The Queensland Labor government has taken the Coalition’s election victory as a warning it must fall in line and green-light the Carmichael coalmine. By Mike Seccombe.

Morrison sprints to Adani approval

Prime Minister Scott Morrison in Sydney on Wednesday.
Prime Minister Scott Morrison in Sydney on Wednesday.
Credit: AAP Image / Joel Carrett

The sharemarket makes no moral judgements. Money is its only metric. And on the first trading day after the federal election, the market surged to heights not seen since before the global financial crisis, more than a decade ago.

Investors were clearly pleased with the Coalition’s win, seen as a victory for shareholders and the wealthy over the community at large. The finance sector jumped 5.6 per cent, with the Big Four banks doing particularly well, their shares up by between 6.3 and 9.2 per cent.

Analysts called it a “relief rally”, prompted by the fact Labor’s plans to limit negative gearing and lift capital gains tax would have cut the banks’ earnings. The property sector also bounced back, buoyed by the assumption that speculators might come back into the market for the same reason.

Health insurers did even better, on the understanding that – unlike Labor – a Coalition government would not prevent them from raising premiums for their customers. Medibank Private and NIB were both up, by 11.5 per cent and 15.8 per cent respectively.

Larger, though, than all those gains on the Australian market was that of one company listed on the National Stock Exchange of India – Adani Enterprises. On Sunday, the company saw its share price leap almost 30 per cent.

“The sharemarket is telling us the probability of the [Adani] Carmichael mine going ahead has just increased dramatically,” says Tim Buckley, the director of Energy Finance Studies, Australasia, at the Institute for Energy Economics and Financial Analysis.

It was not only the sharemarket telling us that. So was the behaviour of the federal minister for resources, Matt Canavan. On election night he tweeted, “START ADANI!” Canavan also celebrated the election win wearing a T-shirt bearing the same message.

In the days since, Canavan and his fellow pro-coal travellers in the Coalition have seized the political agenda.

Australia now is accelerating towards the Carmichael mine’s approval and, beyond that, the opening up of further coal projects in huge, previously unexploited reserves of Queensland’s Galilee Basin.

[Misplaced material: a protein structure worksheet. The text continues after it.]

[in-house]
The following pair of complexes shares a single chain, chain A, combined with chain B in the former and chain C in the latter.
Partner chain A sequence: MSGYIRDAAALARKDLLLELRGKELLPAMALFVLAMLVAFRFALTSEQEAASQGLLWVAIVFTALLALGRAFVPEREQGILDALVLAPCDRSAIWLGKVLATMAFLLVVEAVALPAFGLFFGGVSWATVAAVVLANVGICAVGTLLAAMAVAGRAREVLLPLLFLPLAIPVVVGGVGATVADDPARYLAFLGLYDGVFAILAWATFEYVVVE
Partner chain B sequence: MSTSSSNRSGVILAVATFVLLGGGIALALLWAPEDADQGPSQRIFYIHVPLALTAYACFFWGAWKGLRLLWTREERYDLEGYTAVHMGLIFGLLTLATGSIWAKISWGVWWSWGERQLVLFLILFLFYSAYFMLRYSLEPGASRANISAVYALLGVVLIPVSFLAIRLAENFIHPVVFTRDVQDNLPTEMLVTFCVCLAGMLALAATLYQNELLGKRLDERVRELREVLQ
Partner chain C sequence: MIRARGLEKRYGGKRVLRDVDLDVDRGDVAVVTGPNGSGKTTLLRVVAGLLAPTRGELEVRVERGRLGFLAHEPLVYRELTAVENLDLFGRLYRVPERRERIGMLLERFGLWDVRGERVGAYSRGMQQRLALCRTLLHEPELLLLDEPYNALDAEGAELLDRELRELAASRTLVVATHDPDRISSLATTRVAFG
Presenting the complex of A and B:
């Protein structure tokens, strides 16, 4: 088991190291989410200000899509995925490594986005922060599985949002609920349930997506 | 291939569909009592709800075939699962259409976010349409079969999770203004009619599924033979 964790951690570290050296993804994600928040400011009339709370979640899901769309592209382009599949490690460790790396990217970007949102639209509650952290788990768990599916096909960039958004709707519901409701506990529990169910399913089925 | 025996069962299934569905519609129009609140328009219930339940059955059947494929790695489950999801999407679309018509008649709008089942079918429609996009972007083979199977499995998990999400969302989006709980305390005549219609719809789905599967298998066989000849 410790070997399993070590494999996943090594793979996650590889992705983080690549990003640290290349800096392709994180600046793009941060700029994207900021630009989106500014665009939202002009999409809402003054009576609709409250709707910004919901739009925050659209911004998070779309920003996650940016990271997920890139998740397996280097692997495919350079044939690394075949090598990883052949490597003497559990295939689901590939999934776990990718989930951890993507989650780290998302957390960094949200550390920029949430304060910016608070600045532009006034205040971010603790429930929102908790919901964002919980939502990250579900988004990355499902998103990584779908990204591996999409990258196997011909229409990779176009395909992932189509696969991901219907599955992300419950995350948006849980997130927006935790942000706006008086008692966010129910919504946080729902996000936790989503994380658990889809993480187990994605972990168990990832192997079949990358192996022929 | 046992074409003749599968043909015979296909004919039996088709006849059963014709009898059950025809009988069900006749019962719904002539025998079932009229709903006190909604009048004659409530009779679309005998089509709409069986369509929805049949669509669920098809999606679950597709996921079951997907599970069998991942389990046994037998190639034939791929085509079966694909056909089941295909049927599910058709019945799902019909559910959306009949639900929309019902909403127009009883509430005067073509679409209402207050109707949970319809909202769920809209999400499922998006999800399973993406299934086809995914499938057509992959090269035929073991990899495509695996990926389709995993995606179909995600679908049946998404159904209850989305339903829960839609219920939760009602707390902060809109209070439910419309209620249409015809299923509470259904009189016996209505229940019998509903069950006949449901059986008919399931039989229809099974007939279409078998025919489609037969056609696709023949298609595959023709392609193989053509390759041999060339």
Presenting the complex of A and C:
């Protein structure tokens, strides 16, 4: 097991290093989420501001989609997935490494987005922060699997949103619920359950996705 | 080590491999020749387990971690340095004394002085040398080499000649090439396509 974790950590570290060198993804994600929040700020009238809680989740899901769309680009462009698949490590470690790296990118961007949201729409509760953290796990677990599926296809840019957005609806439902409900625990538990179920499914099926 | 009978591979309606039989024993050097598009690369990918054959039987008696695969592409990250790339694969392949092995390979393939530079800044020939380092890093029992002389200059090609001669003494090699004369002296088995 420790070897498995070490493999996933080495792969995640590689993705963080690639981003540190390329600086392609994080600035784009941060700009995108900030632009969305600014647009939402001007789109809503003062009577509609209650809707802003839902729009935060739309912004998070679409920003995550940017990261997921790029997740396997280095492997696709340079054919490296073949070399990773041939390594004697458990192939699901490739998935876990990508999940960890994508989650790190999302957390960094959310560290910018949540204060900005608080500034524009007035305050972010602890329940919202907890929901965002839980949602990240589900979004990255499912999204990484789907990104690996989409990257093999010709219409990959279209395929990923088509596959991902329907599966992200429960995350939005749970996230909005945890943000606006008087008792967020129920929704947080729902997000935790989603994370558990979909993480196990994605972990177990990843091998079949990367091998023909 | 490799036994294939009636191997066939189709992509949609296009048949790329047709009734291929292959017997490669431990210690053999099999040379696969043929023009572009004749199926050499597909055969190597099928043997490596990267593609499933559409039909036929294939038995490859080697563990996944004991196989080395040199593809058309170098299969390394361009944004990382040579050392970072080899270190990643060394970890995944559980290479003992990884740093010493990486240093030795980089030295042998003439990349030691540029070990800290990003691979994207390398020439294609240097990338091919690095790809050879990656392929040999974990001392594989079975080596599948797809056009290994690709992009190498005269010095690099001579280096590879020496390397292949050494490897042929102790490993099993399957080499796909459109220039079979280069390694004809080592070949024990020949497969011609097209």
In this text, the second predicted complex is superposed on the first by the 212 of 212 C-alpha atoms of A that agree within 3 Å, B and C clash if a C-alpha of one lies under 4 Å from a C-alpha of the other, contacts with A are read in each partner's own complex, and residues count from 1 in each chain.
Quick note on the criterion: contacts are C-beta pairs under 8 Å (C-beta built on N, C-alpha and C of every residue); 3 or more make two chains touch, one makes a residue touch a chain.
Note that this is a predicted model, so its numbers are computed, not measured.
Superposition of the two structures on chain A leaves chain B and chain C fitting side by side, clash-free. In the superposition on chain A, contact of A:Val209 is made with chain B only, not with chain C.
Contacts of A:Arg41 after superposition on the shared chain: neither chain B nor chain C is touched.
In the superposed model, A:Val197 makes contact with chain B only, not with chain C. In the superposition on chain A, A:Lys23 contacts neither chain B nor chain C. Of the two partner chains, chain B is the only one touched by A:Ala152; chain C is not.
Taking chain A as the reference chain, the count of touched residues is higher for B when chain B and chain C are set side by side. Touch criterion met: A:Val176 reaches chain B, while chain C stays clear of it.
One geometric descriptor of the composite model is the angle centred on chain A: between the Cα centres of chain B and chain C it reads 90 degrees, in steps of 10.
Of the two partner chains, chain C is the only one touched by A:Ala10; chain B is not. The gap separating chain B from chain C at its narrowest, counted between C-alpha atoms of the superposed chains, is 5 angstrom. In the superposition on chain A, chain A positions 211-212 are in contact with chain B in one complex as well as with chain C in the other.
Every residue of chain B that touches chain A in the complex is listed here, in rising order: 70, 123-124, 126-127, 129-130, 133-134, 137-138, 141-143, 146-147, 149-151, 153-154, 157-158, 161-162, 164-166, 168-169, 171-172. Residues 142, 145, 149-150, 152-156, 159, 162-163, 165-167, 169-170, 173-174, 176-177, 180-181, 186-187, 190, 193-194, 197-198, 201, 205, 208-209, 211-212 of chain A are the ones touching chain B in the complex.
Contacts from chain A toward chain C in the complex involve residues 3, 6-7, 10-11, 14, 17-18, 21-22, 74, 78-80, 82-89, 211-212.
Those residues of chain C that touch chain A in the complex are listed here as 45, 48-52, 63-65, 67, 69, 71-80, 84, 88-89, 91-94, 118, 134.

But Buckley says this is not only a consequence of the re-election of the Morrison government.

Last weekend also saw the release of exit polling showing Indian Prime Minister Narendra Modi and his Bharatiya Janata Party (BJP) were on track to repeat their landslide election victory of 2014. At time of writing, projections show Modi’s party will secure four times the number of seats won by the second-placed Congress Party.

It is the interaction of these two phenomena, Buckley says, that is driving events. “The No. 1 paid-up supporter of Modi is Gautam Adani. If – when – the BJP gets back for another five years, [Adani’s] sun will shine very brightly, as the first among industrialists who stand behind Modi.”

Over the past five years under Modi, Adani’s empire has already expanded in diverse areas – from real estate to plastics to frozen food to aerospace to defence to cornering the lentil market.

“Adani is into everything,” says Buckley. But energy is the big one.

“It has become India’s biggest private player in the gas business, the electricity transmission business, as well as the biggest renewable energy business,” he says.

Adani already is India’s largest private producer of thermal power, in substantial part because of the relationship the conglomerate has with the government. It continues to grow rapidly towards a goal of 20,000 megawatts of power-generating capacity by 2020.

“Last month, Modi gave Adani a $US1.5 billion loan from the State Bank of India to fund a coal plant at a place called Godda, in the eastern provinces,” says Buckley. “And he’s been given a $1 billion tax concession, through the establishment of a free-trade zone around the power plant.

“The new project will use imported coal and export power to Bangladesh. Seven million tonnes a year, which they could source from Carmichael.”